Generate electrostatic charges on balloons, then compare the negatively charged balloons with charged rods.


  • Static electricity
  • Negative charge/positive charge
  • Electron transfer

Prelab Preparation

  1. Inflate two balloons and attach equal lengths of string to each balloon.
  2. Suspend both balloons (at the same height) so they are near each other but not touching.


  1. Rub both balloons with the fur friction pad, grounding the pad after charging on the first balloon. (The balloons will obtain a net negative charge and the fur will obtain a net positive charge.)
  2. Bring the two balloons close together and notice that they repel each other. Bring the fur close to one of the balloons and notice the attraction.
  3. Rub the glass rod with the silk friction pad. Hold the glass rod next to one of the balloons and observe.
  4. Rub the plastic rod with the flannel friction pad. Hold the plastic rod next to one of the balloons and observe.
  5. Rub the rubber rod with the fur friction pad. Hold the rubber rod next to one of the balloons and observe.
  6. Experiment with different combinations of rods and friction pads.

Teacher Tips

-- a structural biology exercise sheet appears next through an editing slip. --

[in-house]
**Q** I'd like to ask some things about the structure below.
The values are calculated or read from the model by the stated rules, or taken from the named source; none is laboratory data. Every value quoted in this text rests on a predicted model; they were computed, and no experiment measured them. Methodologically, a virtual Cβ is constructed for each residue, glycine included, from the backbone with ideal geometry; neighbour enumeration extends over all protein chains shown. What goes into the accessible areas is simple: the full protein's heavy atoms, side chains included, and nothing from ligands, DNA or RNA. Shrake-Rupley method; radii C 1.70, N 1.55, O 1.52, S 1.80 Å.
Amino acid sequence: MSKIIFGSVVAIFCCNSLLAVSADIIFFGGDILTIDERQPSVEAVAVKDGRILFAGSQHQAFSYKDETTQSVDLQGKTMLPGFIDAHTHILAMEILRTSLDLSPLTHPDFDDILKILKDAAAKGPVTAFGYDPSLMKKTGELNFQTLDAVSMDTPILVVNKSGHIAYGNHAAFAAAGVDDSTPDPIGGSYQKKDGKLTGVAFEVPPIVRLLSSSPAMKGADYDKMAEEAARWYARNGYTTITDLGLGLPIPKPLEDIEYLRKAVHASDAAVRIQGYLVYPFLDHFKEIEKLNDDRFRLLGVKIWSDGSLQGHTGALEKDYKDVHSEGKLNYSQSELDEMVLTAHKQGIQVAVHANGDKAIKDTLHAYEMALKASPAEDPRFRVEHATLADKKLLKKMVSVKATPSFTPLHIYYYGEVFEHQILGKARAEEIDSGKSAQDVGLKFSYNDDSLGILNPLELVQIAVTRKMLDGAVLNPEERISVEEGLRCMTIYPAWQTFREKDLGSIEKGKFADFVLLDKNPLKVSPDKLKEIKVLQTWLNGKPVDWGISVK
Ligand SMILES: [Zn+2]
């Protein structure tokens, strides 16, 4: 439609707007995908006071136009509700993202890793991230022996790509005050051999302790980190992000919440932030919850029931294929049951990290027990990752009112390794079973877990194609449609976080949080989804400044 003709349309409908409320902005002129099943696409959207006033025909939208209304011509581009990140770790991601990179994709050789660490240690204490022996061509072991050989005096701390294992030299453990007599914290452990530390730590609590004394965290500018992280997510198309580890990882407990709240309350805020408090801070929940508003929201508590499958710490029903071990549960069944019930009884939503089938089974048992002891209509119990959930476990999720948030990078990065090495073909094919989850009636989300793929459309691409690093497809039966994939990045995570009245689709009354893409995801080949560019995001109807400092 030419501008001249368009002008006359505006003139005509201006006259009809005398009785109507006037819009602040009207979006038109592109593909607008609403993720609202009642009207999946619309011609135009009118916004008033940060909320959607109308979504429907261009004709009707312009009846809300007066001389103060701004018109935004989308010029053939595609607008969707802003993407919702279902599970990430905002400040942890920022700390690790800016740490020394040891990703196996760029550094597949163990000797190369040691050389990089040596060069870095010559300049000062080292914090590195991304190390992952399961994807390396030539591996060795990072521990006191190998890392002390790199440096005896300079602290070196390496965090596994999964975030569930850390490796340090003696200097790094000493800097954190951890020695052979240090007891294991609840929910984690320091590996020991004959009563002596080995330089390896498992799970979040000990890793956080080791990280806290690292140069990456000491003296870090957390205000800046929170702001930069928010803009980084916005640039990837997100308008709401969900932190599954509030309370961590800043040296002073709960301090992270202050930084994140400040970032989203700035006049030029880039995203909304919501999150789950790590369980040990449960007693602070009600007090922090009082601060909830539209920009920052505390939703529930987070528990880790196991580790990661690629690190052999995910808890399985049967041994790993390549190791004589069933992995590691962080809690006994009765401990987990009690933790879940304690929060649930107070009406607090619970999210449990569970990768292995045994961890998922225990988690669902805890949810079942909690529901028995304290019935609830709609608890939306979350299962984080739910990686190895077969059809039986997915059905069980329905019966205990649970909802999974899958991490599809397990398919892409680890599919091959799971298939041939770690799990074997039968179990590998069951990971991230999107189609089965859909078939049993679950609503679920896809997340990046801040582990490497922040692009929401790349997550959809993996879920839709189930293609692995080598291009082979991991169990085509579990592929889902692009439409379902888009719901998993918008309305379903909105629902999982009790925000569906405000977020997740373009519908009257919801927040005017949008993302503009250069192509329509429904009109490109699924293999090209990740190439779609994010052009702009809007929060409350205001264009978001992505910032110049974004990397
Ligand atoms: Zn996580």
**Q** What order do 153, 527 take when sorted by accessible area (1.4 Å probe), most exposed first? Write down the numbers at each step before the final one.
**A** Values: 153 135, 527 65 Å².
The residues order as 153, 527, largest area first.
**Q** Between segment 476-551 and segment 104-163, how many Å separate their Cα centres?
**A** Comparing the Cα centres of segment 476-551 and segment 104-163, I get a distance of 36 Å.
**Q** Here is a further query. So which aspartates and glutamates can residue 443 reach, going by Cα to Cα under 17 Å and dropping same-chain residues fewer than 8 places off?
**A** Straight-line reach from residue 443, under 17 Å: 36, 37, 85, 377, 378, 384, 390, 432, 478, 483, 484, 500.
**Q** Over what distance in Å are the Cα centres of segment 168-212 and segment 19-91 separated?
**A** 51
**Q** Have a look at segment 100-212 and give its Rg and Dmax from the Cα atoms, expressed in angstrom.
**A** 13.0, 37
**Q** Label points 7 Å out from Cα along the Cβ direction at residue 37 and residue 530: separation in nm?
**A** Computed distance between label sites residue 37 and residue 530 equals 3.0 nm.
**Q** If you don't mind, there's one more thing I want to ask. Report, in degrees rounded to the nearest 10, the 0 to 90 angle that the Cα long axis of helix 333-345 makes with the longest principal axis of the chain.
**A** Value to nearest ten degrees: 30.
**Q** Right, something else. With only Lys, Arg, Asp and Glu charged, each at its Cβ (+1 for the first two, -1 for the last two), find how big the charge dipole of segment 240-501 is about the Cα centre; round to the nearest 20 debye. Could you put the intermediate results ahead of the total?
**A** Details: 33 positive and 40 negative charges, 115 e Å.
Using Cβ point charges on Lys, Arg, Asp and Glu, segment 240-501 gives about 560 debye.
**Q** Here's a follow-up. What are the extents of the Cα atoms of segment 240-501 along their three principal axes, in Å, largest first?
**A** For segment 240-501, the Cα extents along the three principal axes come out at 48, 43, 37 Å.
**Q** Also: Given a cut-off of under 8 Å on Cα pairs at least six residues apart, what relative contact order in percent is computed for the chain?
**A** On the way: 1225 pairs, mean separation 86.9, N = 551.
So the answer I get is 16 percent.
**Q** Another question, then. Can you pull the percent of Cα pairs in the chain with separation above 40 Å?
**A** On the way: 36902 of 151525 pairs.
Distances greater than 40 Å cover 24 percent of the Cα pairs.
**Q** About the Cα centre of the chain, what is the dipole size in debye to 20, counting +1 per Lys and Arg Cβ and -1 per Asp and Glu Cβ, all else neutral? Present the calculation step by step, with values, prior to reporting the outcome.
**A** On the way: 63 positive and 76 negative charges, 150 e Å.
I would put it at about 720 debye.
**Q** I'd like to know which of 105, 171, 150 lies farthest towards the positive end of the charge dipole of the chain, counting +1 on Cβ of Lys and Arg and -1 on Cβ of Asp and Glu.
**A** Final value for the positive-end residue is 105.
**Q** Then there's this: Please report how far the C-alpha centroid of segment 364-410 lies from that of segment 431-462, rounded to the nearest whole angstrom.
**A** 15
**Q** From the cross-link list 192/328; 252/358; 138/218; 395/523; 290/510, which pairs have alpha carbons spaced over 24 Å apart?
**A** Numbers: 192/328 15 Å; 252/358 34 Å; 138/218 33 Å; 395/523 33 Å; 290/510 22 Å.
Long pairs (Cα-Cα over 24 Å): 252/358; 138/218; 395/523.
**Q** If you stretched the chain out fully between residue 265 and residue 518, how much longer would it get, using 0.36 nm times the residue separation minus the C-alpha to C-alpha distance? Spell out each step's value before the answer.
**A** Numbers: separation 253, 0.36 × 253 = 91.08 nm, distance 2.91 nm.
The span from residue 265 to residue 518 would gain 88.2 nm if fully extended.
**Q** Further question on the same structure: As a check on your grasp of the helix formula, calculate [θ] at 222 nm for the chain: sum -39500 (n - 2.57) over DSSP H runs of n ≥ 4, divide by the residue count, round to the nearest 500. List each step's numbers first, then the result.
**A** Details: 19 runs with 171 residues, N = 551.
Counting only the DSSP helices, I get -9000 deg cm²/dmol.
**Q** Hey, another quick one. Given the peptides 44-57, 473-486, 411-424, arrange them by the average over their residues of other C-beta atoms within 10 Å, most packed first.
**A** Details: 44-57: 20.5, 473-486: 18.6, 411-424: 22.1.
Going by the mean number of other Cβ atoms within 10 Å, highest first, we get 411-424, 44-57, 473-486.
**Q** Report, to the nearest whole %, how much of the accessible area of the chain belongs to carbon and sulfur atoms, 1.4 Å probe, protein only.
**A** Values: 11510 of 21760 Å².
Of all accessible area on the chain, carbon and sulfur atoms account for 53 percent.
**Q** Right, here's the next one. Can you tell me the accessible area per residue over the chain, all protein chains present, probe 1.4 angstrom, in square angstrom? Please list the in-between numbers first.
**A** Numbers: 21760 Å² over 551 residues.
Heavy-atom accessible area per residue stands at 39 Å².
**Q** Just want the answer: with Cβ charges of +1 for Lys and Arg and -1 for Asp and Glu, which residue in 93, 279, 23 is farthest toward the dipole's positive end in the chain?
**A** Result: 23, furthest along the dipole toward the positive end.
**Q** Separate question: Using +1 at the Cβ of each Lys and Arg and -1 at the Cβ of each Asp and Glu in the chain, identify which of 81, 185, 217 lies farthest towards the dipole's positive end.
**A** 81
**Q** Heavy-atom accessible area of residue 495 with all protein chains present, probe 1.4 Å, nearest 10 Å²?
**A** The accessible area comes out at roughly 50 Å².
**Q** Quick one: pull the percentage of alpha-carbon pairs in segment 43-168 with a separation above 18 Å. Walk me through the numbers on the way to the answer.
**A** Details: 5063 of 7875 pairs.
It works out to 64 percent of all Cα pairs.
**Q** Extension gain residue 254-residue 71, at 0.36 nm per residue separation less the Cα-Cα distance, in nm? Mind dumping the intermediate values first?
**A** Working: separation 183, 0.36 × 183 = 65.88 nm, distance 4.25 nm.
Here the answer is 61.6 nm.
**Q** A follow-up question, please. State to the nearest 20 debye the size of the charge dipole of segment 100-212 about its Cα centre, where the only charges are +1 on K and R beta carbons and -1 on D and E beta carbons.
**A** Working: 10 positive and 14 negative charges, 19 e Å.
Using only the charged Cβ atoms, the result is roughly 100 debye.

• Static electricity experiments always work best on a dry day. Lower humidity days are better than high humidity days. Airconditioned air or heated winter air tends to be drier and thus, more conducive for electrostatic demonstrations.

  • If the area surrounding the balloons is highly charged, the demonstrations may not work well. Wipe down a highly charged area with a damp cloth and dry the area with a towel.
  • It may be necessary to recharge the balloons with the fur friction pad if they become grounded and unresponsive during the demonstrations.


Static electricity is a stationary electric charge. Its effects range from lightning to copy machines to the shocks you receive on a dry winter day. Static electricity is caused by an accumulation and discharge of electric charge. Lightning occurs when clouds accumulate a charge as they move through the air. If the electric charge is great enough, the electricity will be discharged to the ground, or another cloud, with an opposite charge (see Figure 1).

In copy machines, a photoconductive surface is given an electrostatic charge. A discharge occurs when the charged surface is illuminated by projecting an image upon it. White backgrounds dissipate the charge, while black backgrounds, such as lettering, shields the surface from the illuminator so the surface remains charged. An oppositely charged toner powder is dusted over the plate where it adheres to the charged areas. A sheet of paper is then placed over the plate and the toner adheres to the paper, creating the desired image.

Static electricity is also used to combat pollution in scrubbers of industrial smokestacks. Charged particles in the gaseous discharge are attracted to oppositely charged plates and removed from the “smoke.”


Bronowski, J. Doubleday Pictorial Library of Science, Doubleday: New York; 1960.

Heiserman, D. L. Understanding Electricity and Electronic Circuits, Howard W. Sams: Indianapolis, 1987; Chapter 1.

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